Happy International Women’s Day
Happy International Women’s Day

Empowering women – that’s an important part of our work at UMN as we seek to bring about fullness of life for people across the country. We recognise our work in that area especially today, 8 March 2019, on International Women’s Day. A day that celebrates the unique contribution women make to the world and inspires us to keep fighting for equality. We’ve got three inspiring stories about how our work is making a positive difference in the lives of women across Nepal.

Silent no more

Empowered to speak up for equality – that’s how Nisha Somai’s life changed after being a part of a UMN-supported adolescent group in Rupandehi District.

While she was a member of Milijuli Adolescent Girls’ Group, Nisha participated in group discussions about topics such as human trafficking, women and sexual violence, child abuse, secure foreign employment and adolescent empowerment. Nisha and 25 other young girls gained a better understanding of these issues and also felt compelled to share what they learnt. They also started teaching other members in their community. 
Due to this awareness, Nisha reported an incident of eve teasing to the adolescent group, women’s group and Tole Development Organisation. Because Nisha chose to speak up, the boy had to face the consequences of his actions. He had to pay a penalty of NPR 1000 (USD 9) and ask for forgiveness.

Wind of change

Speaking out against “period huts” for women. Restricted alcohol use. Less caste discrimination. These are some of the positive changes one community is experiencing after a UMN-supported project advocating for women’s rights began in Bajhang District.

Manju Joshi is a school teacher and an executive member of Mahila Kalyan Bachat Tatha Rin Sahakari Samstha Ltd. (MKS). Manju remembers that 10 years ago in Bajhang District the only places women were allowed to be were in the house and at the field to work. Since 2015, UMN and MKS have been implementing a project that focuses on advocacy for women’s rights. It’s called ‘Combating Traditional Practices which are Harmful to Women and Girls (HTP)’ and it calls together different members of the community, including children, youth, men and women.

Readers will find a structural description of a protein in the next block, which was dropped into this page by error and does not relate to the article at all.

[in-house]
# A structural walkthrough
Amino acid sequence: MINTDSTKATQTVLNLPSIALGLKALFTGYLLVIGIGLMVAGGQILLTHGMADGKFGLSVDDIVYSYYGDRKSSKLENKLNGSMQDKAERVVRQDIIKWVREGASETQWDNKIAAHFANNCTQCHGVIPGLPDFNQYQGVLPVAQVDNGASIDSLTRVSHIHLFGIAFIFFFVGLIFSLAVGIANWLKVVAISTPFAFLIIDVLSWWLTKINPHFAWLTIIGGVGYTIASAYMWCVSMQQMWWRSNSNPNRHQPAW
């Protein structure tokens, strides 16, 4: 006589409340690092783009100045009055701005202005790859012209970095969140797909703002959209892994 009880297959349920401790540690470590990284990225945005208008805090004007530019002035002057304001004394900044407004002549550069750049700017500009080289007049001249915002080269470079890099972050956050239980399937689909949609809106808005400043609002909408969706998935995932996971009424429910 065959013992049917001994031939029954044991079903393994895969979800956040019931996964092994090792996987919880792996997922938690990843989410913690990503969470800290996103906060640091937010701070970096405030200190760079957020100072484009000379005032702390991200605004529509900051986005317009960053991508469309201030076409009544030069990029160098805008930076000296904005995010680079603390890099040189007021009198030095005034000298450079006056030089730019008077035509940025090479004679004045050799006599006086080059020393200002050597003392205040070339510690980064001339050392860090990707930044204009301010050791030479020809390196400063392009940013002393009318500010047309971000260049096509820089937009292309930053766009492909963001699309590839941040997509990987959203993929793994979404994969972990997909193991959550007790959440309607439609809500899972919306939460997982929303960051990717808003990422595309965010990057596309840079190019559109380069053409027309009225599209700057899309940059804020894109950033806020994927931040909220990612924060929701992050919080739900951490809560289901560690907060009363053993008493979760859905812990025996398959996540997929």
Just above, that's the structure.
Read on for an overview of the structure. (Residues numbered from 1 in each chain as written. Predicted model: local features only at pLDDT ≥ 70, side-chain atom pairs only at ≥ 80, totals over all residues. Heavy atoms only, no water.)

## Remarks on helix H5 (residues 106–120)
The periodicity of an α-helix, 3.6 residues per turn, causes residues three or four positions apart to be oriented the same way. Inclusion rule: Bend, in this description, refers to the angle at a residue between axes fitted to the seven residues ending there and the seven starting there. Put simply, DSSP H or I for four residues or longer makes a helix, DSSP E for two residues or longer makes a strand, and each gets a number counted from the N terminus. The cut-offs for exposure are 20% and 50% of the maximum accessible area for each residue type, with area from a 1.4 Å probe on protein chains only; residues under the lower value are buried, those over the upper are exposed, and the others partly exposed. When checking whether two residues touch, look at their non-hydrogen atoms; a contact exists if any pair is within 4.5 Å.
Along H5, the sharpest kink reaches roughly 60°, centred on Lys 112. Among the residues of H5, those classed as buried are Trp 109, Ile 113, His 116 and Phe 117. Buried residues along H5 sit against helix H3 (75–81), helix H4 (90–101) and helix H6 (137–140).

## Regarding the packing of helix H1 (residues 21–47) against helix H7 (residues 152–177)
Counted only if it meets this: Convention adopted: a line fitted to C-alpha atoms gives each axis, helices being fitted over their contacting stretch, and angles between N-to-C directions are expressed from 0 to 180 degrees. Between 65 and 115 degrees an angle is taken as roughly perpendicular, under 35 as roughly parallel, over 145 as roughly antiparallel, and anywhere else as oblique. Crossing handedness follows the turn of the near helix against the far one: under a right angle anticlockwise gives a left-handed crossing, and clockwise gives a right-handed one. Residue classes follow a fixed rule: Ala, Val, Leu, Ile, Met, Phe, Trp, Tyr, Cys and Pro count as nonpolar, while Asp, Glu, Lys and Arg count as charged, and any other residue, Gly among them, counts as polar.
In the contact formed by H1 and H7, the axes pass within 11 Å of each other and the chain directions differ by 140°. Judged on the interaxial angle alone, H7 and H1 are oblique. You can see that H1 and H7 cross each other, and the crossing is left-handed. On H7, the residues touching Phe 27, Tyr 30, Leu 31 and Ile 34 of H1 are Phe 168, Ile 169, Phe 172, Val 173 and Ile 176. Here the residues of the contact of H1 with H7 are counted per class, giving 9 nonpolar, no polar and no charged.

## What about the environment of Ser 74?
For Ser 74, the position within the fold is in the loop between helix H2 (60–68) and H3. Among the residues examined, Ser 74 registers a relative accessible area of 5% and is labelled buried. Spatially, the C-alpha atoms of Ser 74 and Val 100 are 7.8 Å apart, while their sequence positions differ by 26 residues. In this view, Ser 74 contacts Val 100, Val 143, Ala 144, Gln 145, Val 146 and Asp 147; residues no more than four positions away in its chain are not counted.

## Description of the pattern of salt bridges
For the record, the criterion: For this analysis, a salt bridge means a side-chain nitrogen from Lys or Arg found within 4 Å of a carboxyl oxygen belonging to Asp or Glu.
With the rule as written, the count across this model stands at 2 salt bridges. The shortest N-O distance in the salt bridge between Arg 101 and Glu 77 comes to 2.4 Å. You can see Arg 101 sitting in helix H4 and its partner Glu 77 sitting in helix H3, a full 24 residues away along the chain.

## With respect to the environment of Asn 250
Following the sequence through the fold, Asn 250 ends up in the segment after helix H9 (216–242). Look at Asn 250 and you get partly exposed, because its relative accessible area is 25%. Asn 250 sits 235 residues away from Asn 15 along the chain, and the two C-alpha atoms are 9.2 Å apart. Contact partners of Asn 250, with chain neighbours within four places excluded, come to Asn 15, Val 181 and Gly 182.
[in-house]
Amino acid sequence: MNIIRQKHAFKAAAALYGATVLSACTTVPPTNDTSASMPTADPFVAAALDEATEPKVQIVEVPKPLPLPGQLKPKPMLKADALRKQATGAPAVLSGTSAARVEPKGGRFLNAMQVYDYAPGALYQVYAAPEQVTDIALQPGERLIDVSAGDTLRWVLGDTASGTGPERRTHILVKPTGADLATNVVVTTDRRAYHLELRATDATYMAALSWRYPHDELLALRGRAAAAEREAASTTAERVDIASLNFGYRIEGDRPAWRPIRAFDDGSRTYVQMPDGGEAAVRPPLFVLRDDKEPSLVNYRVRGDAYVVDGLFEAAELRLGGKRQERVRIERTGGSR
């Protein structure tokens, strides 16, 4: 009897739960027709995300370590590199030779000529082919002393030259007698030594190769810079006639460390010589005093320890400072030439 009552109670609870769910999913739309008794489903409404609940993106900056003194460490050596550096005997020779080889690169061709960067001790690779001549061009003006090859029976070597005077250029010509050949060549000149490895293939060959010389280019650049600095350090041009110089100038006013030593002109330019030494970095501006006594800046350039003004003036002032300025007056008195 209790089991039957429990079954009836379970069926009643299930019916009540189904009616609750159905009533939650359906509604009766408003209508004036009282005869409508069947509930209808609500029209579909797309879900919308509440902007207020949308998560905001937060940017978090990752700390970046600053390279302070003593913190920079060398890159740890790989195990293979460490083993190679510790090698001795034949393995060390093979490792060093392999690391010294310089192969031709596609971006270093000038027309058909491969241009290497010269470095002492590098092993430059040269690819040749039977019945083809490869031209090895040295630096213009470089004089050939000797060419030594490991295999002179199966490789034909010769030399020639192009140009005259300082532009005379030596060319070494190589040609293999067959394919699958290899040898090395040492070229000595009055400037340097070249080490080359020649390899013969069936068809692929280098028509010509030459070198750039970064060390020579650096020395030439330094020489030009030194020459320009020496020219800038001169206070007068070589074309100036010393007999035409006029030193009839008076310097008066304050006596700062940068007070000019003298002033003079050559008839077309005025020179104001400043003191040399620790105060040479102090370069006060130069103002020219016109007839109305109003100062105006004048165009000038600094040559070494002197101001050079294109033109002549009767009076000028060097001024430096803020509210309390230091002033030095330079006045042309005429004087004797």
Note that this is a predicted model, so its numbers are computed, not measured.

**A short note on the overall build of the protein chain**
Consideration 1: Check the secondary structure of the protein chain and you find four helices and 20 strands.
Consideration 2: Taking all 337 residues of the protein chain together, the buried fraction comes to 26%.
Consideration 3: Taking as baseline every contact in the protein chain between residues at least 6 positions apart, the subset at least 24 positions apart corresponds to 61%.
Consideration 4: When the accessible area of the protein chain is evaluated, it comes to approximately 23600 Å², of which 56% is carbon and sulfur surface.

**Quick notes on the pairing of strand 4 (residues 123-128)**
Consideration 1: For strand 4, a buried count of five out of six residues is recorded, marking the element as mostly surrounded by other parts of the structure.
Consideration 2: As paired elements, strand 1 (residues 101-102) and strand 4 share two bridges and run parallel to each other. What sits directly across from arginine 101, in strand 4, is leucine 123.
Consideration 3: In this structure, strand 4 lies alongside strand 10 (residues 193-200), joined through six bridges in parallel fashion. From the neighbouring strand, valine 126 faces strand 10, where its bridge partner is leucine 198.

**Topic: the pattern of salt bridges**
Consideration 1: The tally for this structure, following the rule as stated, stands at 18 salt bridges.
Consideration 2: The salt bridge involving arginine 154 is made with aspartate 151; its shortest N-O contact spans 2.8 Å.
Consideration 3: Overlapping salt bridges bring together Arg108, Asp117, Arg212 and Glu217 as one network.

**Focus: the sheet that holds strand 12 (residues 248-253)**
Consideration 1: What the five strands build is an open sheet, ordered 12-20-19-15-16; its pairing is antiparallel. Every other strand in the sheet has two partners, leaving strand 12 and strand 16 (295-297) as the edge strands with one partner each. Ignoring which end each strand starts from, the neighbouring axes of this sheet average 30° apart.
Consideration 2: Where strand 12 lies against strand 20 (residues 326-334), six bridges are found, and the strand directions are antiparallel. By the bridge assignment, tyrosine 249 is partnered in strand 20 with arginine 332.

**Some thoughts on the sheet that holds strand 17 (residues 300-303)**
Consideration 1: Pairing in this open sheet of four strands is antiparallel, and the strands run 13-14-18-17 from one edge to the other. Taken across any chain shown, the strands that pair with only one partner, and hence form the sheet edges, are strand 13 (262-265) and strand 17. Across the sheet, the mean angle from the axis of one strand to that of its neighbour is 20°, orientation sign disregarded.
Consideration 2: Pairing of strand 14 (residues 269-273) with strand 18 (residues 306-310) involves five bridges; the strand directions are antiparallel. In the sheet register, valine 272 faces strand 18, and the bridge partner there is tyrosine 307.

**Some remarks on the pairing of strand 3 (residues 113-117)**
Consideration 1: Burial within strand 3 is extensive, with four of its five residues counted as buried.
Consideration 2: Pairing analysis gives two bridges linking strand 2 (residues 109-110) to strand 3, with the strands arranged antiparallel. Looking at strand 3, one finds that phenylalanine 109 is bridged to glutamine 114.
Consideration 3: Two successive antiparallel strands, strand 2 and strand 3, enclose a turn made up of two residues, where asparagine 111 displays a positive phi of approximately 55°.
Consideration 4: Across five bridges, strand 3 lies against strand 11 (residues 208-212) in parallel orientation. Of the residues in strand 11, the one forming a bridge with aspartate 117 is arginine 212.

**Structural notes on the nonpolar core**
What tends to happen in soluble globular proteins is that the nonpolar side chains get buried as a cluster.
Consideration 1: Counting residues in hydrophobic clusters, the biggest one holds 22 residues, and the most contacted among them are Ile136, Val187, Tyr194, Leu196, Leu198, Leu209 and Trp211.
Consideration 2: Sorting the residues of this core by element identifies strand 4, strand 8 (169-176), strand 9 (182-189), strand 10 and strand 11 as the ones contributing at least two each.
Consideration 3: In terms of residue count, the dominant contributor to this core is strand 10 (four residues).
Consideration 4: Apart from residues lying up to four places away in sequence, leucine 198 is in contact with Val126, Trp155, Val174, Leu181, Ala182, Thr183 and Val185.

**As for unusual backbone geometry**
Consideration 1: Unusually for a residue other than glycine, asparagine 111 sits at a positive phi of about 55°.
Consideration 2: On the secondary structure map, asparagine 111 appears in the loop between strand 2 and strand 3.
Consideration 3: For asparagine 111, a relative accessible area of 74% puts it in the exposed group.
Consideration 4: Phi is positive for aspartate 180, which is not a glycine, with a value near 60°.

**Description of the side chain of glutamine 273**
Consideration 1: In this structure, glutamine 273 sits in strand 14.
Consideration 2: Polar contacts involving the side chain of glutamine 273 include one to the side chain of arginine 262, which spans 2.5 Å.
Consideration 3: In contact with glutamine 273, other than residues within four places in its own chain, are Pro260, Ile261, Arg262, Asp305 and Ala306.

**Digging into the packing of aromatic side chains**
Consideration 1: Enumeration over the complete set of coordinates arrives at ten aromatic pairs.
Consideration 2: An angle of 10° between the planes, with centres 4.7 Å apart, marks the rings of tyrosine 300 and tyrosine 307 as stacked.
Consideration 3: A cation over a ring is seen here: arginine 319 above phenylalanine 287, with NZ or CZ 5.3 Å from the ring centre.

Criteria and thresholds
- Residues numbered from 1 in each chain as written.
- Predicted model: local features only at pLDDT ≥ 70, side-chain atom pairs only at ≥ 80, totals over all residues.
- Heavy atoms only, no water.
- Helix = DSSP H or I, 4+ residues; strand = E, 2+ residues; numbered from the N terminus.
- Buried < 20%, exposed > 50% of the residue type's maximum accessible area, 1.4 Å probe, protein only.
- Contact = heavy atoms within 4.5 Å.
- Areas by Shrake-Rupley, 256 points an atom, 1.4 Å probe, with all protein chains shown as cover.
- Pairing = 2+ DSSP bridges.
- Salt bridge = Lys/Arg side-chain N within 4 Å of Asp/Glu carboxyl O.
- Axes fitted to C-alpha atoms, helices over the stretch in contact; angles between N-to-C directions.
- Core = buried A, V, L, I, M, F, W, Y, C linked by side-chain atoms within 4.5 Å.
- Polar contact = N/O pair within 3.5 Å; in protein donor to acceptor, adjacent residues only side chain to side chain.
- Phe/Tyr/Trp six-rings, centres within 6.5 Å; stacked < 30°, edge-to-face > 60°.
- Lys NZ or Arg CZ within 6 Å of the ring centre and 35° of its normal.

Manju has been active since the group began. “People have started to think critically about social issues,” says Manju. She’s seen the impact it had on things like Chhaupadi, the practice of banishing women to small buildings during menstruation. “Earlier talking about Chhaupadi practice and the negative effects on health was like speaking against God, but now more than 60 women have left their Chau sheds.” One Chau shed was even destroyed. Manju has also seen alcohol use being restricted and caste discrimination reduced. “All these changes were made possible through the community group. It shows that people are part of the change process and empowerment.”

Housewife becomes leader in community

From a limited role as a housewife to a leader in her community – one woman’s life changed when she joined a UMN-supported self-help group in Kapilbastu District. 

42-year-old Radhika Chamar was limited to being a housewife in her family, but she was destined for more in life. UMN’s Strengthening Community Resilience through Livelihoods and Environment Improvement (SECURE) Project helped people in Radhika’s community form the Manakamana Self-Help Group. As Radhika belonged to a poor and marginalised family, she was selected as a member of the group. She was also elected as the chairperson. Although she was given the responsibility, she felt awkward to lead the group due to a lack of confidence regarding her roles and responsibilities.
After the group was formed, all the members including Radhika received different capacity building training. This included specific roles of members, child protection and gender empowerment, Do No Harm, saving and fund mobilisation and more. Her group also conducted the group capacity assessment and made action plans to move forward.
Radhika shared, “After receiving training, my confidence level increased. As a result, I can now lead my group without any hesitation.” She also plans to register her group in the Rural Municipality to get government resources to help develop her community.

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